"You’re not just my best friend," Dan says. "You’re the best kind of friend."

Spiritual Content

Dan and Vicki get married in a church. (It’s an incidental detail seeing as how they’ve just met and are quite inebriated at the time.)

Sexual Content

Because Charlie and Dan have been such close compadres for so long, some people wonder, at times, whether they’re not just "best buds," though none of the references would necessarily catch the attention of a typical 8-year-old.

When childproofing experts come to kid-proof Charlie’s bachelor pad, for example, the workers assume Charlie and Dan are a couple.

"That’s progressive," one says. "I’m all for it."

A counselor at a weekend wilderness camp makes the same mistake, and calls them "ladies," much as a drill sergeant would call green recruits ladies. When Charlie and Dan see a couple of real ladies in Florida, Charlie tells Dan to give them the "queen wave." Dan throws a limp-wristed wave in their direction before Charlie corrects him: "No, the other one," he says, and Dan begins waving a bit like the queen of England.

Dan and Vicki conceive their progeny in wedlock—albeit barely. (We never see them even kiss.) Zach asks Dan if he knows where babies come from, and when Dan says yes, Zach asks, "Can you tell me?" Dan dances around the subject before finally saying, "It’s complicated."

One of Charlie’s friends says, "Wham-bam-thank-you-ma’am." Charlie makes minor moves on a waitress, a spray-tan technician and a Japanese interpreter. (In the epilogue we see that he and one of the women are new parents; we don’t know if they’re married.) A couple of women wear somewhat revealing clothing, and Dan strips down to a Speedo.

Violent Content

Old Dogs comes from the Three Stooges school of comedy. And because it does there’s lots and lots of straight-up slapstick … and punchstick and bitestick and slamyourfingersinthetrunkstick.

That last item involves a hand model’s hand getting smashed in a car trunk. (The film’s makers must’ve assumed the gag would be funnier if both the woman’s fingers and career could be simultaneously crushed.) When Dan opens the trunk, the poor woman’s head gets bashed.

Dan thwacks a couple of business associates with golf balls, and kills a bird with one, too. Men are chased—and one is captured—by a gorilla. One guy is attacked by penguins that seemed to have missed their casting call for an Alfred Hitchcock film. (We see them biting his arms and ears, and there’s a suggestion that one chomps down on a more sensitive part of his anatomy.)

Dan plunges into a lake from a great height, necessitating an ambulance ride. He’s shocked by an electrical device he’s jammed down his pants. And he beans a kid in the head with a soccer ball. Charlie and Dan engage in the most violent game of Ultimate Frisbee ever. (One participant is shown with a mouth full of blood.) Dan shoots the head off a wooden monument and later sets it on fire.

"We should get merit badges for just being his kids," Emily tells Zach.

Crude or Profane Language

God’s name is interjected at least a half-dozen times. Characters say "gosh" another handful of times. Name-calling includes "idiot and "stupid."

Drug and Alcohol Content

Down in Florida, Dan and Charlie are served a couple of massive margaritas. "Do these drinks come with a diving board?" Dan asks. We later see the two toast a business success with champagne.

Dan and Charlie are getting older, and so they have several prescription medications to take each morning. When the children mistakenly spill the pills in the sink, they try to put them back where they were … but, of course, they wind up supplying Dan and Charlie with the wrong meds. The result: Charlie gets the munchies and eats a pie face-first in an embarrassing social situation; Dan loses all sense of depth perception on the golf course. Both also develop problems with their facial muscles.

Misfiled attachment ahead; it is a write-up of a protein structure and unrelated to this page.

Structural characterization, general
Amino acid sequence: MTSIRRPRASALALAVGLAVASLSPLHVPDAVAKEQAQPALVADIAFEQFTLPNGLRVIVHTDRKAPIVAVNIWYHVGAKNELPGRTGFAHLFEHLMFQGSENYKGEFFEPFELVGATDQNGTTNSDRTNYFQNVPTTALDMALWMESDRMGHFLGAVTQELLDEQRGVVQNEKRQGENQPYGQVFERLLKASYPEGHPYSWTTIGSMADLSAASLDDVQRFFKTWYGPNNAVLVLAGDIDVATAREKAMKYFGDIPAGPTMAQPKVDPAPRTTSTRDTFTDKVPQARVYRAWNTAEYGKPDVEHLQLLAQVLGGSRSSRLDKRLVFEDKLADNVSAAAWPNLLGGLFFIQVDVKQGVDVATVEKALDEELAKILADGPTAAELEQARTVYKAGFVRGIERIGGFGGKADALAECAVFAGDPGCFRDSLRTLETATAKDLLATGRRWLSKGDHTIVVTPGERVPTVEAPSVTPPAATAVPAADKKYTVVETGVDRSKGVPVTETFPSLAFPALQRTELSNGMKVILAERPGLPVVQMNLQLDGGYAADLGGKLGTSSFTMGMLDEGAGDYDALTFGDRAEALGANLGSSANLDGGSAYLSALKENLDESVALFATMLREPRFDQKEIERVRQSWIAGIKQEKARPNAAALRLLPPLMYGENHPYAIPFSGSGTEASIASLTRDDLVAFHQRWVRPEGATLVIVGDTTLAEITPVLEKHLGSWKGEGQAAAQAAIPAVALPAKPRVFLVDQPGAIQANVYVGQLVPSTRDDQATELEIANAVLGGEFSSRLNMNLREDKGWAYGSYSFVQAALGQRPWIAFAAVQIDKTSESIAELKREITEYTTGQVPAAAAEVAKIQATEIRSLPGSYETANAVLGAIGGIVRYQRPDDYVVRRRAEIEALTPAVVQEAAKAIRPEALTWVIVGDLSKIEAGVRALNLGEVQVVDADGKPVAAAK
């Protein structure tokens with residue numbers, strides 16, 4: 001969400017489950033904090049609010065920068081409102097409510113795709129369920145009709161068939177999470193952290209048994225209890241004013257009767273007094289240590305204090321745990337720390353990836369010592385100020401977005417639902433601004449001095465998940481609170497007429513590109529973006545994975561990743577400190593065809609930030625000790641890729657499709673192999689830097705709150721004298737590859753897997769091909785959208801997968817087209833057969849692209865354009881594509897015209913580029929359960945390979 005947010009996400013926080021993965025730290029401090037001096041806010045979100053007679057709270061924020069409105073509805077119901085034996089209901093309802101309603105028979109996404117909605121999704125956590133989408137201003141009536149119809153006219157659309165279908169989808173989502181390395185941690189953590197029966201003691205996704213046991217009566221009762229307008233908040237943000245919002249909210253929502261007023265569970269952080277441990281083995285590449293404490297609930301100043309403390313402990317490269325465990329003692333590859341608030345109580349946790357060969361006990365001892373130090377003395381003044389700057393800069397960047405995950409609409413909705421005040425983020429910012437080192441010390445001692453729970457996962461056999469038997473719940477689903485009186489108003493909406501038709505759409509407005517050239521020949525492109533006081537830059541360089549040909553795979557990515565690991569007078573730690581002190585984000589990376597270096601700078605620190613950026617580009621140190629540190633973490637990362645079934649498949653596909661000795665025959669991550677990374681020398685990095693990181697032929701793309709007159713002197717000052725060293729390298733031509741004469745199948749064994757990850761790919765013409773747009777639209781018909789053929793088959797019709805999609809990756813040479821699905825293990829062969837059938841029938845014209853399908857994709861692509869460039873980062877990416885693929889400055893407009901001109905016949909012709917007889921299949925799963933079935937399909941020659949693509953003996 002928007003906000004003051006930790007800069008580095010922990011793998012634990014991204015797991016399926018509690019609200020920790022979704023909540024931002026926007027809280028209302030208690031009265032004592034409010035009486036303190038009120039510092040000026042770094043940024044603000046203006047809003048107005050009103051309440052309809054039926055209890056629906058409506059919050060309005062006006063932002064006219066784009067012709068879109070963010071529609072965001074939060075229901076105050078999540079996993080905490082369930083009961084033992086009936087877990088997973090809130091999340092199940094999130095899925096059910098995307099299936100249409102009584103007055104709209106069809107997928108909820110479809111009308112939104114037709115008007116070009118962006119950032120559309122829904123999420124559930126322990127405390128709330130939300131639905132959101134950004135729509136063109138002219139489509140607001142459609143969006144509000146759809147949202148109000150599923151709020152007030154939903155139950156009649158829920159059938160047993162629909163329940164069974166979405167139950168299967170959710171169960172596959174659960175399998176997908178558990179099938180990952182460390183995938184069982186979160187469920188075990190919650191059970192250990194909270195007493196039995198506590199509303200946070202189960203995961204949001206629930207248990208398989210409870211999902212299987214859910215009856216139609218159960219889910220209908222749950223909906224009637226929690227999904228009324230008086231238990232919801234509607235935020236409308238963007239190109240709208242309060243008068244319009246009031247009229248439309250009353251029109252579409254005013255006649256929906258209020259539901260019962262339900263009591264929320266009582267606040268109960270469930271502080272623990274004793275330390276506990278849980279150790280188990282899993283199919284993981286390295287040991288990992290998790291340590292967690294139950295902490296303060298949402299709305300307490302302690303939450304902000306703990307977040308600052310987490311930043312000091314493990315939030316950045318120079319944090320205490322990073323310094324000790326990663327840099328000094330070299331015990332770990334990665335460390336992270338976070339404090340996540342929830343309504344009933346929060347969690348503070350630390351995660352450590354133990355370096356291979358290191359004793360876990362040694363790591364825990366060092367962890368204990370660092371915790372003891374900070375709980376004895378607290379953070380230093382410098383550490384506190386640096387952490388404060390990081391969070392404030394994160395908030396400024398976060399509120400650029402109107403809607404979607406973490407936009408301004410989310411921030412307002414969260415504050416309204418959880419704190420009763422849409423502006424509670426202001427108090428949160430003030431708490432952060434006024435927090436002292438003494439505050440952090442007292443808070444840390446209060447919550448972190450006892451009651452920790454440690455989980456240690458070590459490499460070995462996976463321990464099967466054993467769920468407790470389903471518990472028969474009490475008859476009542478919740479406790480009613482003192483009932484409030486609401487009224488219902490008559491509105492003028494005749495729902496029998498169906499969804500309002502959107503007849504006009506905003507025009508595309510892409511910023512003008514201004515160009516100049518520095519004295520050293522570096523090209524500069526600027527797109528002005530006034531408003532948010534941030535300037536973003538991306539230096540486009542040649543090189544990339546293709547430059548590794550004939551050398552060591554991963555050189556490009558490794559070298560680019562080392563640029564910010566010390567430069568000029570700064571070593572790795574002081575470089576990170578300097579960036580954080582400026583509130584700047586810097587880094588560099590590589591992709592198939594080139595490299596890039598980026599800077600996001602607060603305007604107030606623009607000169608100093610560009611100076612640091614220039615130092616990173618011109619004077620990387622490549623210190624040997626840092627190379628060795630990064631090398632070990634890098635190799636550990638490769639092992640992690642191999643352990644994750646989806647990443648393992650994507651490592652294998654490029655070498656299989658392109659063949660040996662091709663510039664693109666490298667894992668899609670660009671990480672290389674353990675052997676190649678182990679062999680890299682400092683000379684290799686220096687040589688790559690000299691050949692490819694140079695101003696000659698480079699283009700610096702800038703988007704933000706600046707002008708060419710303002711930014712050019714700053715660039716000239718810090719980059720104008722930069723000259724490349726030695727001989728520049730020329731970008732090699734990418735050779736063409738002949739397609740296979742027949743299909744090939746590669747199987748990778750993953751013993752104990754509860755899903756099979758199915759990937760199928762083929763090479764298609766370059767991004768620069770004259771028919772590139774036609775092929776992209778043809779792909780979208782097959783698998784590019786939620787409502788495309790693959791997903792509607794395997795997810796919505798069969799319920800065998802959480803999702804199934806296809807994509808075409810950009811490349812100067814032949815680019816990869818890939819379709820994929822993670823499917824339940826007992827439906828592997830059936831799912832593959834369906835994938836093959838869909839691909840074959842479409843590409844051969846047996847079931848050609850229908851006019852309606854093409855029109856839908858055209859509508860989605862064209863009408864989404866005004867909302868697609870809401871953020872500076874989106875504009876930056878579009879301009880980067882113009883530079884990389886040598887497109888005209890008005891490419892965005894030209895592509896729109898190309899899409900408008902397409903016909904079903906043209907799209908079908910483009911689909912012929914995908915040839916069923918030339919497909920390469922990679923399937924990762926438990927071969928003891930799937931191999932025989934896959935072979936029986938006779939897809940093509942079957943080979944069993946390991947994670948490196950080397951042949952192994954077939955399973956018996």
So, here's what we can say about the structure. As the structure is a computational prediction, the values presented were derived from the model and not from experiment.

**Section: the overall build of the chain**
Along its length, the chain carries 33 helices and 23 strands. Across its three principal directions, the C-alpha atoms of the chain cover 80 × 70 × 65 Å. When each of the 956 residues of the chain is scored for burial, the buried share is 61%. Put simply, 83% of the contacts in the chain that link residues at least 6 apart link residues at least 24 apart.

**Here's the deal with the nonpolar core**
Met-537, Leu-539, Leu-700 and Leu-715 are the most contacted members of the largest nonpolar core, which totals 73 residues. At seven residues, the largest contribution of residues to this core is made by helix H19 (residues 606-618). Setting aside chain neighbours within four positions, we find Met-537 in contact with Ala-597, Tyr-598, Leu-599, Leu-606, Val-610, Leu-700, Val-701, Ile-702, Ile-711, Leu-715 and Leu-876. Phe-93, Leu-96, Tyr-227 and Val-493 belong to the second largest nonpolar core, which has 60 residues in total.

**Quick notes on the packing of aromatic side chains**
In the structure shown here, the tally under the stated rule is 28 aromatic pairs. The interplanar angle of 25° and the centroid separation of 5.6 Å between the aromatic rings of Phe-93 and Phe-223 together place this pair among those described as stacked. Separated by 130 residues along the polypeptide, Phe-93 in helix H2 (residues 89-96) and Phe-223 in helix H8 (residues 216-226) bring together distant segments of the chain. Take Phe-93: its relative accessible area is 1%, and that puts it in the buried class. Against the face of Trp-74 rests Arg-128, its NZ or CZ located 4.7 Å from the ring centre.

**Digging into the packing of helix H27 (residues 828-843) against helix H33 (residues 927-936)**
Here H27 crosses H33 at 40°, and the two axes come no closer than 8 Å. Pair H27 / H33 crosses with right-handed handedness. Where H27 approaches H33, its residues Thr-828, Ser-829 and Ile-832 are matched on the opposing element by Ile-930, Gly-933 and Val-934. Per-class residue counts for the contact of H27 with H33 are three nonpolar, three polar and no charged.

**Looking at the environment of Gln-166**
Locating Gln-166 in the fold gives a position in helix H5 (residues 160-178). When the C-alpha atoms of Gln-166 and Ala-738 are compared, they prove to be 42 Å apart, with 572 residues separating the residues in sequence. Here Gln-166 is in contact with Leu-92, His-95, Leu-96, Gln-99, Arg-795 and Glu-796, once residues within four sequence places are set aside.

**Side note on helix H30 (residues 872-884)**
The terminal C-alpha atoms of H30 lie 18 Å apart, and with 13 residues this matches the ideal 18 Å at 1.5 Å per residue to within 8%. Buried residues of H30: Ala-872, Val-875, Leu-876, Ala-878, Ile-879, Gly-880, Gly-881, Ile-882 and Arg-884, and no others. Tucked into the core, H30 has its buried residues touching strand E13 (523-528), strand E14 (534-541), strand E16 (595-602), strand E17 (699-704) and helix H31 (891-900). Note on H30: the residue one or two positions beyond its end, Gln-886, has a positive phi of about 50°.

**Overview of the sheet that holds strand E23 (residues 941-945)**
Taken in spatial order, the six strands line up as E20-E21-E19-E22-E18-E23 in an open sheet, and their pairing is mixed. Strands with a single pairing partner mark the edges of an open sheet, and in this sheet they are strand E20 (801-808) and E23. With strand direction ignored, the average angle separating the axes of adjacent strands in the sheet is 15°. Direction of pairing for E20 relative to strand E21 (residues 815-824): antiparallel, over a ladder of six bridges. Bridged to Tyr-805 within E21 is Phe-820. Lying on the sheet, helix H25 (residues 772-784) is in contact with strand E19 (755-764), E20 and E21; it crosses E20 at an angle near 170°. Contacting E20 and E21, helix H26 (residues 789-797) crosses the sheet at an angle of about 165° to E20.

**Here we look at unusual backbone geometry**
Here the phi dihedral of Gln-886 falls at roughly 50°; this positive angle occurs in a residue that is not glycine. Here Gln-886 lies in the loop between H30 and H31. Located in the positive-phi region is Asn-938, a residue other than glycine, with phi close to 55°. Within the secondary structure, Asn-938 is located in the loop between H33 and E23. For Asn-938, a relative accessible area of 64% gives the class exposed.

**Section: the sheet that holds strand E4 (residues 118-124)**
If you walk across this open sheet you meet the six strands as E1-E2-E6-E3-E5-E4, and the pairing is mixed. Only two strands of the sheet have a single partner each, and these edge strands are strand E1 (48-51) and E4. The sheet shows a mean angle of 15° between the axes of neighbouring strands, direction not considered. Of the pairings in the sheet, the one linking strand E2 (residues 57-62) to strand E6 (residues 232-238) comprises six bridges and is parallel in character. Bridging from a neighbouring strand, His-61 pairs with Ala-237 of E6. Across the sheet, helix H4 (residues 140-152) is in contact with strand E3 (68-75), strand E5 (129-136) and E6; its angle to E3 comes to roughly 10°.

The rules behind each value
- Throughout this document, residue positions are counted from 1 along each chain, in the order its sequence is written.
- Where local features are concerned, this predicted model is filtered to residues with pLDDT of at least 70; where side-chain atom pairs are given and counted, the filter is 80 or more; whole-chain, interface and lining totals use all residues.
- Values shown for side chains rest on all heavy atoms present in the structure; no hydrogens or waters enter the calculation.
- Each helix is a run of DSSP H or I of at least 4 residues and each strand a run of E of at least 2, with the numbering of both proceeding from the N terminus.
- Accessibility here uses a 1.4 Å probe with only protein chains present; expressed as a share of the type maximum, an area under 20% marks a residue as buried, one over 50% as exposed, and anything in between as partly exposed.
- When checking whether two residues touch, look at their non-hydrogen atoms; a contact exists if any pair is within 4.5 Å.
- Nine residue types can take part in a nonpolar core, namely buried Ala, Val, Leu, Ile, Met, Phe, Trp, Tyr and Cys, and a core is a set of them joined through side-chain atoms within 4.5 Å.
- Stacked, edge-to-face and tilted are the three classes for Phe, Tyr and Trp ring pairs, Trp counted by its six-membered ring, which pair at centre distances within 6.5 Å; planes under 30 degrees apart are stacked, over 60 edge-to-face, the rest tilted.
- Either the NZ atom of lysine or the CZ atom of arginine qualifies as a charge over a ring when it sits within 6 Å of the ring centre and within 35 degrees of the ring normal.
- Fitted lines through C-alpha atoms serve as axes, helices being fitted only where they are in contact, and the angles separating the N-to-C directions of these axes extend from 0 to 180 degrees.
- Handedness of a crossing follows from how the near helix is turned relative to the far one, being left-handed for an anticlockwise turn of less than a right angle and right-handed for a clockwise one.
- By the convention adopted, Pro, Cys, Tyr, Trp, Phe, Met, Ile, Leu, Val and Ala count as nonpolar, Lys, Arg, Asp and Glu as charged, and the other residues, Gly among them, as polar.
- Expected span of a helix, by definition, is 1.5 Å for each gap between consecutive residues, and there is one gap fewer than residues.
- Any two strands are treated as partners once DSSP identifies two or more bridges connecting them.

Other Negative Elements

Zach accidentally spills a glass of water on Charlie’s lap in a restaurant—a spill that everyone around them mistakes for incontinence. That gag also expands to Charlie’s dog. Several steps worse, Dan smears what he thinks is mud underneath his and Charlie’s eyes. When he discovers that the "mud" is bear feces, Dan turns to Charlie and says, "Scat happens, man."

There’s more: Embarrassing noises come from bathroom stalls. "Poop" and other slang expressions for bathroom activities made it from script to screen.

Dan and Charlie break into a zoo. Dan tries to sneak his kids into his adults-only condo. Vicki lies to her kids about where she’ll be for two weeks, telling them she’s going to a spa. Child-proofing experts eat food that isn’t theirs. The kids stick a bunch of insulting sticky notes on the back of one of Charlie and Dan’s business associates. Several people act inappropriately in public settings.

Dan, Charlie, Emily and Zach watch one of the Friday the 13th movies.

Conclusion

Back in the day, when I was about 7, I used to schedule my weekend around a show called The Wonderful World of Disney. It was stocked with middling children’s movies that, for an adult, were painfully predictable. But they induced plenty of giggles in kids like me. Among them: The Cat From Outer Space, The Shaggy D.A., Herbie Goes to the Republic of Andorra.

Old Dogs reminds me, for better or worse, of The Wonderful World of Disney.

It’s more crass than the shows I remember, of course. Flatulence jokes? Urinating dogs? No way. Not back then. Saying "scat happens" on the most kid-friendly show on TV would’ve been enough to get you permanently tossed into Walt Disney’s doghouse.

But neither is Old Dogs like Wild Hogs, the last "family" film Walt Becker directed. Profanity is light, and the script goes through some amazing contortions to ensure that Dan does not sire his progeny out of wedlock. Family is at the forefront, as is selflessness and friendship.

I guess you could say this is one old dog of a film that tries to be family friendly even if it’s not exactly sure how to be clean and funny at the same time.

Pro-social Content

Objectionable Content

Summary Advisory

Plot Summary

Christian Beliefs

Other Belief Systems

Authority Roles

Profanity/Violence

Kissing/Sex/Homosexuality

Discussion Topics

Additional Comments/Notes

Episode Reviews

We hope this review was both interesting and useful. Please share it with family and friends who would benefit from it as well.

Get weekly e-news, Culture Clips & more!